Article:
Pref p.-4 Two of the main rivals for the foundations of ontology are substances, and facts or states-of-affairs
1 p.22 Metaphysics is the mapping of possibilities
1.4 p.14 Logical necessity can be 'strict' (laws), or 'narrow' (laws and definitions), or 'broad' (all logical worlds)
2.10 p.51 Perhaps concrete objects are entities which are in space-time and subject to causality
2.3 p.35 How can a theory of meaning show the ontological commitments of two paraphrases of one idea?
2.3 p.37 An object is an entity which has identity-conditions
2.3 p.39 Our commitment to the existence of objects should depend on their explanatory value
2.9 p.49 Simple counting is more basic than spotting that one-to-one correlation makes sets equinumerous
3.3 p.62 Some things (such as electrons) can be countable, while lacking proper identity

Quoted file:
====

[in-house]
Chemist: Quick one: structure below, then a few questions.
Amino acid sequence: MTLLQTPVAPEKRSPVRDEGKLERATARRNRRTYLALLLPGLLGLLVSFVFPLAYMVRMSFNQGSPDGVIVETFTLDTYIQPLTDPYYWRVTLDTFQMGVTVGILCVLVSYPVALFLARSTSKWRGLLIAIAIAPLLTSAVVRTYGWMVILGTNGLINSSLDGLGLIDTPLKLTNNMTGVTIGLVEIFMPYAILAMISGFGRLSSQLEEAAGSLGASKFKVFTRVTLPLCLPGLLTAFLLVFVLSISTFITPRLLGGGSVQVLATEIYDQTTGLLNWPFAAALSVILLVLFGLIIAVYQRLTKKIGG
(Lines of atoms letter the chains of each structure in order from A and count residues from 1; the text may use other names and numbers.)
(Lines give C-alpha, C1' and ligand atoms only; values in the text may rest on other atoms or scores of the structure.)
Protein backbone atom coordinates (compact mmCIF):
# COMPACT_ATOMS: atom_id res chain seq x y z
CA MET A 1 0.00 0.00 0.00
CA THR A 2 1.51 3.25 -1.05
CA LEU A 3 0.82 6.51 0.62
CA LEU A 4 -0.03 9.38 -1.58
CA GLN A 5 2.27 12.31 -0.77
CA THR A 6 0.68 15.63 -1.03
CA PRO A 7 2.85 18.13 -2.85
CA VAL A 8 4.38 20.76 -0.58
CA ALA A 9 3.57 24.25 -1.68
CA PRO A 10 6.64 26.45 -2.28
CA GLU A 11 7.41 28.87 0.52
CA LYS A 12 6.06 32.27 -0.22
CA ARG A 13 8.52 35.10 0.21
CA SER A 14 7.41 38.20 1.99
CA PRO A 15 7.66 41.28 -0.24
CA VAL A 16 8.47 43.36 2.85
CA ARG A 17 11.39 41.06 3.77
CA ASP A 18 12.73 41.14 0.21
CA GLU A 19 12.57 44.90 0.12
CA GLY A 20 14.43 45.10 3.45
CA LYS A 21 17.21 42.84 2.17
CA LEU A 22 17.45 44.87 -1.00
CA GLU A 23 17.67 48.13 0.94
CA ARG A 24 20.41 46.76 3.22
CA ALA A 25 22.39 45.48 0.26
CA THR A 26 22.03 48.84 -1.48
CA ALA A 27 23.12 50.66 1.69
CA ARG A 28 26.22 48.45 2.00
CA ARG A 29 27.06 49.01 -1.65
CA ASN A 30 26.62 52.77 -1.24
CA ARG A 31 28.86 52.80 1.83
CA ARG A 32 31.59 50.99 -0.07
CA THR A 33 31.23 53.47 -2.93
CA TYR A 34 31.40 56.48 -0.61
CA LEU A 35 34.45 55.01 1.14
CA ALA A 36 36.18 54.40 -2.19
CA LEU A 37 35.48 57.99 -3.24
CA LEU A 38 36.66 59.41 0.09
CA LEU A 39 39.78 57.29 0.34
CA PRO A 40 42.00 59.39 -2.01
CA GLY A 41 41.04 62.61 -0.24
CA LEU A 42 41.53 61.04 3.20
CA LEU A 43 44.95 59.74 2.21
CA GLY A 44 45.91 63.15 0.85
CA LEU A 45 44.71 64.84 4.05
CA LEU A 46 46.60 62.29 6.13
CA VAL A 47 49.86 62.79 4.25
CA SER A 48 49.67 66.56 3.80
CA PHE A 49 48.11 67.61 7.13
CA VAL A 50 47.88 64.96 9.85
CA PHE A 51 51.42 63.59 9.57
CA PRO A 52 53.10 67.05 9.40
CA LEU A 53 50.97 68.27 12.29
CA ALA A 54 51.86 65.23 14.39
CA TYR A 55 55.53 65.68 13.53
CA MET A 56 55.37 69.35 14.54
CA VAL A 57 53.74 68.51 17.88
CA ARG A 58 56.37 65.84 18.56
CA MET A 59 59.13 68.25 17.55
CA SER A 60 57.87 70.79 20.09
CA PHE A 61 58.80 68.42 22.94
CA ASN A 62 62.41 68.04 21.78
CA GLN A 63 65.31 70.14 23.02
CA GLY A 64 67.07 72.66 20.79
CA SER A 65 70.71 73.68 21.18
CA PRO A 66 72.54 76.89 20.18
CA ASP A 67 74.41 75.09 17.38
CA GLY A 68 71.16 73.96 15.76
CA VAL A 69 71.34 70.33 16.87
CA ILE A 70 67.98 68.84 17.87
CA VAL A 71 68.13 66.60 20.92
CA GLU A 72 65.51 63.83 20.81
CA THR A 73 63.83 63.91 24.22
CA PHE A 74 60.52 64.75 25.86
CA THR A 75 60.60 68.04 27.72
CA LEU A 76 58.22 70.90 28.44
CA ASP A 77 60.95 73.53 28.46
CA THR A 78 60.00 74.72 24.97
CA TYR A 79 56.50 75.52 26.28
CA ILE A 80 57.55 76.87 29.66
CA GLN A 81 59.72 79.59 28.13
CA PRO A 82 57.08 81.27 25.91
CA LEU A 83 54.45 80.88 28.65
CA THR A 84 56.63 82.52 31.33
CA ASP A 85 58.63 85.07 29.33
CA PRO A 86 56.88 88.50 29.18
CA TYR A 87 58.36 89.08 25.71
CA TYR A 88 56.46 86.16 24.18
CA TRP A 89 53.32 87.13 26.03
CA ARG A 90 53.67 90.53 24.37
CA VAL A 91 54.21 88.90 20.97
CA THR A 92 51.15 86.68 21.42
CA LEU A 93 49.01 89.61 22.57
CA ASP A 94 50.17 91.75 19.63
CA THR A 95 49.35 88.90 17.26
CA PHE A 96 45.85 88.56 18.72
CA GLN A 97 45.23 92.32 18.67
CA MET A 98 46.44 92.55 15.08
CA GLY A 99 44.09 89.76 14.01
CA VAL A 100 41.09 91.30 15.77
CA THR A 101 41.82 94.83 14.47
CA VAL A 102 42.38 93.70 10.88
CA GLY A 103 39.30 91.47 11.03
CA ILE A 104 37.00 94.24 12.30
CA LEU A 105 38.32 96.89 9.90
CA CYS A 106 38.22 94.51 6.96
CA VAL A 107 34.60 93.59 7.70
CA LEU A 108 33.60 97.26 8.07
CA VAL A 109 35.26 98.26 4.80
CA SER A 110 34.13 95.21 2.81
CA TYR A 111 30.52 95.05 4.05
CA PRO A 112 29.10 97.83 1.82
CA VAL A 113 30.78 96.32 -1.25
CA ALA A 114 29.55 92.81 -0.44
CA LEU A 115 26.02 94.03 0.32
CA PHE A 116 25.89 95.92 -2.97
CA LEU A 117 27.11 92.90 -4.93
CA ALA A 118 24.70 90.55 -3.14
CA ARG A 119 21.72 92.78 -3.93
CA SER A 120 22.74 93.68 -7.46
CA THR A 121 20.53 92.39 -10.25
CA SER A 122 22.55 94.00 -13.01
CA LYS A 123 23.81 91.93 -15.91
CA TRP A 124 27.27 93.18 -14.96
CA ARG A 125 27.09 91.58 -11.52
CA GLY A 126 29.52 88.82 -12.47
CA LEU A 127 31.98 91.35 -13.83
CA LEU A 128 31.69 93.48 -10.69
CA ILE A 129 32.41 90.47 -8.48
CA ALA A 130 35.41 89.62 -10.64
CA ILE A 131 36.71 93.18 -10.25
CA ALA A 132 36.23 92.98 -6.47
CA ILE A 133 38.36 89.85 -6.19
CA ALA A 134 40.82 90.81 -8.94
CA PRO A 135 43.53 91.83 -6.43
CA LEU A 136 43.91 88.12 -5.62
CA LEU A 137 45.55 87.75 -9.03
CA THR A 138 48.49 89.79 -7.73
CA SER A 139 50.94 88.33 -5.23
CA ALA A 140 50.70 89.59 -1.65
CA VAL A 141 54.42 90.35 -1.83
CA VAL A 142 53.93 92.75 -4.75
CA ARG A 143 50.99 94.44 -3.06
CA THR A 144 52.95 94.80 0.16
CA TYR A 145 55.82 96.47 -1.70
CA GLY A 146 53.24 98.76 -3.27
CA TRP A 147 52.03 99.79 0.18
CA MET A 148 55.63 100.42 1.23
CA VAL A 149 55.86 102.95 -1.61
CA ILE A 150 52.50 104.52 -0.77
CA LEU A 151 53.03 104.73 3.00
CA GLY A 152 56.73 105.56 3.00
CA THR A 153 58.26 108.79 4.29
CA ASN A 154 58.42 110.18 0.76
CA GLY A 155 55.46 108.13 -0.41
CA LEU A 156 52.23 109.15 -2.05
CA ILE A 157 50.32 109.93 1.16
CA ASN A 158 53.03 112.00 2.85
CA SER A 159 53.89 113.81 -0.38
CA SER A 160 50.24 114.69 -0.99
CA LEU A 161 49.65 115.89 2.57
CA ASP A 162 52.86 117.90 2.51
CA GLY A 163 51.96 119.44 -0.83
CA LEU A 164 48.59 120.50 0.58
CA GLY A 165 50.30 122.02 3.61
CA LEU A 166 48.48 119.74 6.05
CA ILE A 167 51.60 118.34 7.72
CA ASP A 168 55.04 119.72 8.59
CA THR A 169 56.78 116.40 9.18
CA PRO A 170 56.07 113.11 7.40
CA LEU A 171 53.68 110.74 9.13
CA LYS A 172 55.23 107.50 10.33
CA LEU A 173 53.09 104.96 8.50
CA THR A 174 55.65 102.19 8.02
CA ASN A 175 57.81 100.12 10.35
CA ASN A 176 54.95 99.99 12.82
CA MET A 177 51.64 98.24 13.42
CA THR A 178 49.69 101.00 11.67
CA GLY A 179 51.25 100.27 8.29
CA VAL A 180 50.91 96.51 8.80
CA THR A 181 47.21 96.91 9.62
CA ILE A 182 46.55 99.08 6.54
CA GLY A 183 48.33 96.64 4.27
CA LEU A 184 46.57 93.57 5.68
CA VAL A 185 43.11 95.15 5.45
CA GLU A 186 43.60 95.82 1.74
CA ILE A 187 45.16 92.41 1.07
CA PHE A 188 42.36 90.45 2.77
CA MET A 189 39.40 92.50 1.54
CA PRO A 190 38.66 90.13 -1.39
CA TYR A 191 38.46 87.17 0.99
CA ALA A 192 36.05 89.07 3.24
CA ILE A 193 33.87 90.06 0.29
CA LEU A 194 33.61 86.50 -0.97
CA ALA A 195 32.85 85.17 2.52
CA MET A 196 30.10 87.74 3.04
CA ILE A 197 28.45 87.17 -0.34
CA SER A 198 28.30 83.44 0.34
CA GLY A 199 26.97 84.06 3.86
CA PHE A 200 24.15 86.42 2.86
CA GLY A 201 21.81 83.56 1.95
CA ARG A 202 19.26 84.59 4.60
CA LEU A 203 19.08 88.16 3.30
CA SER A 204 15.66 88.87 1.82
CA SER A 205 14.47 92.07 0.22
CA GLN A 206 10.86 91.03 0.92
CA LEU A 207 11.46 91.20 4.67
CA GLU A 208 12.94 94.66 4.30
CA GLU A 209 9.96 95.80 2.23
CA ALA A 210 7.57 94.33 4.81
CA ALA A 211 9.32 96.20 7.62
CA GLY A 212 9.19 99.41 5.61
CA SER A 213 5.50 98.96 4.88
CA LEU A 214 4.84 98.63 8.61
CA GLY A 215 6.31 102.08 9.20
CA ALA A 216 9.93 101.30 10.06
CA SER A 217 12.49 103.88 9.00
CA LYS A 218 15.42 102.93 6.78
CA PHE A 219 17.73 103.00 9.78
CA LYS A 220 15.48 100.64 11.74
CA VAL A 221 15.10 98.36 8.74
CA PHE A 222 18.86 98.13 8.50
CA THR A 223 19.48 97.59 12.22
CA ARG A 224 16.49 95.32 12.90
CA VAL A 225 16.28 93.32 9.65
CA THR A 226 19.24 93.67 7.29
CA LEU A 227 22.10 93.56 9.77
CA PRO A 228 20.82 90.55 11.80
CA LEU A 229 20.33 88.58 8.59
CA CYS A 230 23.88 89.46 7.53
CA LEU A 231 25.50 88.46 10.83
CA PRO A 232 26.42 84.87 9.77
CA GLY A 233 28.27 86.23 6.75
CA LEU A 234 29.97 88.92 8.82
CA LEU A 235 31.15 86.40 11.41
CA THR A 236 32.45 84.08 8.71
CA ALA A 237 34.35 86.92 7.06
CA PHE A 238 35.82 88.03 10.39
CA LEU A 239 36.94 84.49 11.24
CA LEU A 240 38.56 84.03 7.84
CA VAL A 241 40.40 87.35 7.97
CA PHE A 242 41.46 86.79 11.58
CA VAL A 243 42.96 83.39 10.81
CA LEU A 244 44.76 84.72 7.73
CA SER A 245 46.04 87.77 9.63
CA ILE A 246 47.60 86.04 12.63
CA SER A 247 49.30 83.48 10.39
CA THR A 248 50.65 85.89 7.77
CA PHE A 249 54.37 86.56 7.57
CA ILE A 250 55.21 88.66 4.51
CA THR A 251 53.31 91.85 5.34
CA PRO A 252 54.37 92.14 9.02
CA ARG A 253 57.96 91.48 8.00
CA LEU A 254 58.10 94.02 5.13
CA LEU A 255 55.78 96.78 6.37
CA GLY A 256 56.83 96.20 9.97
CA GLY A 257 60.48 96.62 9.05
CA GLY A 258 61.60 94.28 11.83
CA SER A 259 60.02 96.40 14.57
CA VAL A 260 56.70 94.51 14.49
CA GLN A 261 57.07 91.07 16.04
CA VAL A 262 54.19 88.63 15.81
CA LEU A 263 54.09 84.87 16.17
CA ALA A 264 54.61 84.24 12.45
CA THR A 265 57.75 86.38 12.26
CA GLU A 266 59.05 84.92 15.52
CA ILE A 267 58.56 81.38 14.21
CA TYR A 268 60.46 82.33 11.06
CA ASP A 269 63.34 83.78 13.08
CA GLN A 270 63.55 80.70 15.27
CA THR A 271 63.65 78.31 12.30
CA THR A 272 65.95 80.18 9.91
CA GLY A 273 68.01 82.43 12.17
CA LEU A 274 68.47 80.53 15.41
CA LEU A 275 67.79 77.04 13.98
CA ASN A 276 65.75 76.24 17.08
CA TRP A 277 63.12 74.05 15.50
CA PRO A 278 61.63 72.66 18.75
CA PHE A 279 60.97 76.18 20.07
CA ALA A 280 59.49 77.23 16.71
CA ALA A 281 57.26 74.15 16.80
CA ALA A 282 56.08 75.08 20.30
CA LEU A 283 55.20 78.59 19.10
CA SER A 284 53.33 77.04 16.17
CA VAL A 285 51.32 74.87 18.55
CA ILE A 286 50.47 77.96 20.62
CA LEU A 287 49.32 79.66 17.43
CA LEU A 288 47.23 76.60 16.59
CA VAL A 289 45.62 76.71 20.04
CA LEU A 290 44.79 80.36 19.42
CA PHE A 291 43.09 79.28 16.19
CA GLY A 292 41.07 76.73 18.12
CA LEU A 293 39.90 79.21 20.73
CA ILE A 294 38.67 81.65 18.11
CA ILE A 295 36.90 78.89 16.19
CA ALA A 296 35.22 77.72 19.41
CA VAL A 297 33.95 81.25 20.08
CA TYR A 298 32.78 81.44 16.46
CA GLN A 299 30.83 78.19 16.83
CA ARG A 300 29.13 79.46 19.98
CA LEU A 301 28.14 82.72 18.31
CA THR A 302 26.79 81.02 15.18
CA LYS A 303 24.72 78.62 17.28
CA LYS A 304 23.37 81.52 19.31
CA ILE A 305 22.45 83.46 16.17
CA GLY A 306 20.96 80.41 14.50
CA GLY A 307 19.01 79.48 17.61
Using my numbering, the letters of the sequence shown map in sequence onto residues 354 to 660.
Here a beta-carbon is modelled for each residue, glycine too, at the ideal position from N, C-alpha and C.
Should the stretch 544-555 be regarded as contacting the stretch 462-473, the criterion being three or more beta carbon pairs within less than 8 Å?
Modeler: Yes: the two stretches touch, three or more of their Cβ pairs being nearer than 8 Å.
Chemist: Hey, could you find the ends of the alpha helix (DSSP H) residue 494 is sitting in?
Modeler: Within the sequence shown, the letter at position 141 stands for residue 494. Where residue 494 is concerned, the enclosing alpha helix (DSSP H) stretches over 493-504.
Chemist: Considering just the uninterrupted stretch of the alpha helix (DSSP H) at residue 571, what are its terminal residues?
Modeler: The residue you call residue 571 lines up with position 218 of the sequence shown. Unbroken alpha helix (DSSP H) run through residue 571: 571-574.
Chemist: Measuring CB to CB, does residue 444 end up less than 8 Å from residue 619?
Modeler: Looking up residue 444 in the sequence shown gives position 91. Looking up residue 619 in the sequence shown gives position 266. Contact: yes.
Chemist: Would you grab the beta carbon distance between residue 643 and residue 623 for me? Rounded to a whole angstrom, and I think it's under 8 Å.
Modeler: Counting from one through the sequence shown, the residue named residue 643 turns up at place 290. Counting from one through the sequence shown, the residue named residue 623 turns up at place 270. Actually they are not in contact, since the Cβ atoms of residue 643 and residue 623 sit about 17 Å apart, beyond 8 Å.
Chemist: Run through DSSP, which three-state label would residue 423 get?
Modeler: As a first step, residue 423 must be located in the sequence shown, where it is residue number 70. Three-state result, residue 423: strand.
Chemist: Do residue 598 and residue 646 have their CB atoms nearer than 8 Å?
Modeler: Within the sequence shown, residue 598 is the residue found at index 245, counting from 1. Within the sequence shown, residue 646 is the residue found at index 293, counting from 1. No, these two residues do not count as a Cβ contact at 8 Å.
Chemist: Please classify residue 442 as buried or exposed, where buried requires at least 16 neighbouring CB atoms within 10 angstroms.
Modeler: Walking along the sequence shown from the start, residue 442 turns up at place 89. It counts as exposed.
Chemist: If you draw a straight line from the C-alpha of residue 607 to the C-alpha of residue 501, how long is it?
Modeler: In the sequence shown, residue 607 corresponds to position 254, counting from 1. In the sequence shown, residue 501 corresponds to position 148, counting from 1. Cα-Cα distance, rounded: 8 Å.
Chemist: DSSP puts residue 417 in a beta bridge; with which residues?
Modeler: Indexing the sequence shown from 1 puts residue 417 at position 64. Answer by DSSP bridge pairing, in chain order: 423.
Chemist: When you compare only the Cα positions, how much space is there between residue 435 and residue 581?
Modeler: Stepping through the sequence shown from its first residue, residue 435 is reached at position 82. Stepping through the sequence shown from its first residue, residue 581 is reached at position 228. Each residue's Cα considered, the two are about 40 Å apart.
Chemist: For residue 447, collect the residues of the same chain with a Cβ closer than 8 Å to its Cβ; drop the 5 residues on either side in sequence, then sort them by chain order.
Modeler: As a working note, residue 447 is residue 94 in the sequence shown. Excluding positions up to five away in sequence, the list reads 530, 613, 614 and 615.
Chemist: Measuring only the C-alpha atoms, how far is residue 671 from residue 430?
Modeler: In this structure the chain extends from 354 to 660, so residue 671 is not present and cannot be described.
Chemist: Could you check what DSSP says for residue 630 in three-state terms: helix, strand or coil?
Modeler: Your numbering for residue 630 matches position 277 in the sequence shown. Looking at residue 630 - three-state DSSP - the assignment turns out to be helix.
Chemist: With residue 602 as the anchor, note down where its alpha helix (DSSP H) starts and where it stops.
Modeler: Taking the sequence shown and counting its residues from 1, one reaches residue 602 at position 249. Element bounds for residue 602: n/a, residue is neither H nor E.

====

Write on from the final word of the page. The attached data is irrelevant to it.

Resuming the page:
3.9 p.75 Points are limits of parts of space, so parts of space cannot be aggregates of them
4.4 p.97 Events are changes or non-changes in properties and relations of persisting objects
5 p.106 An object 'endures' if it is always wholly present, and 'perdures' if different parts exist at different times
5.3 p.115 How can you identify temporal parts of tomatoes without referring to tomatoes?
5.8 p.132 Is 'the Thames is broad in London' relational, or adverbial, or segmental?
7 p.155 Objects are entities with full identity-conditions, but there are entities other than objects
7.1 p.157 Properties or qualities are essentially adjectival, not objectual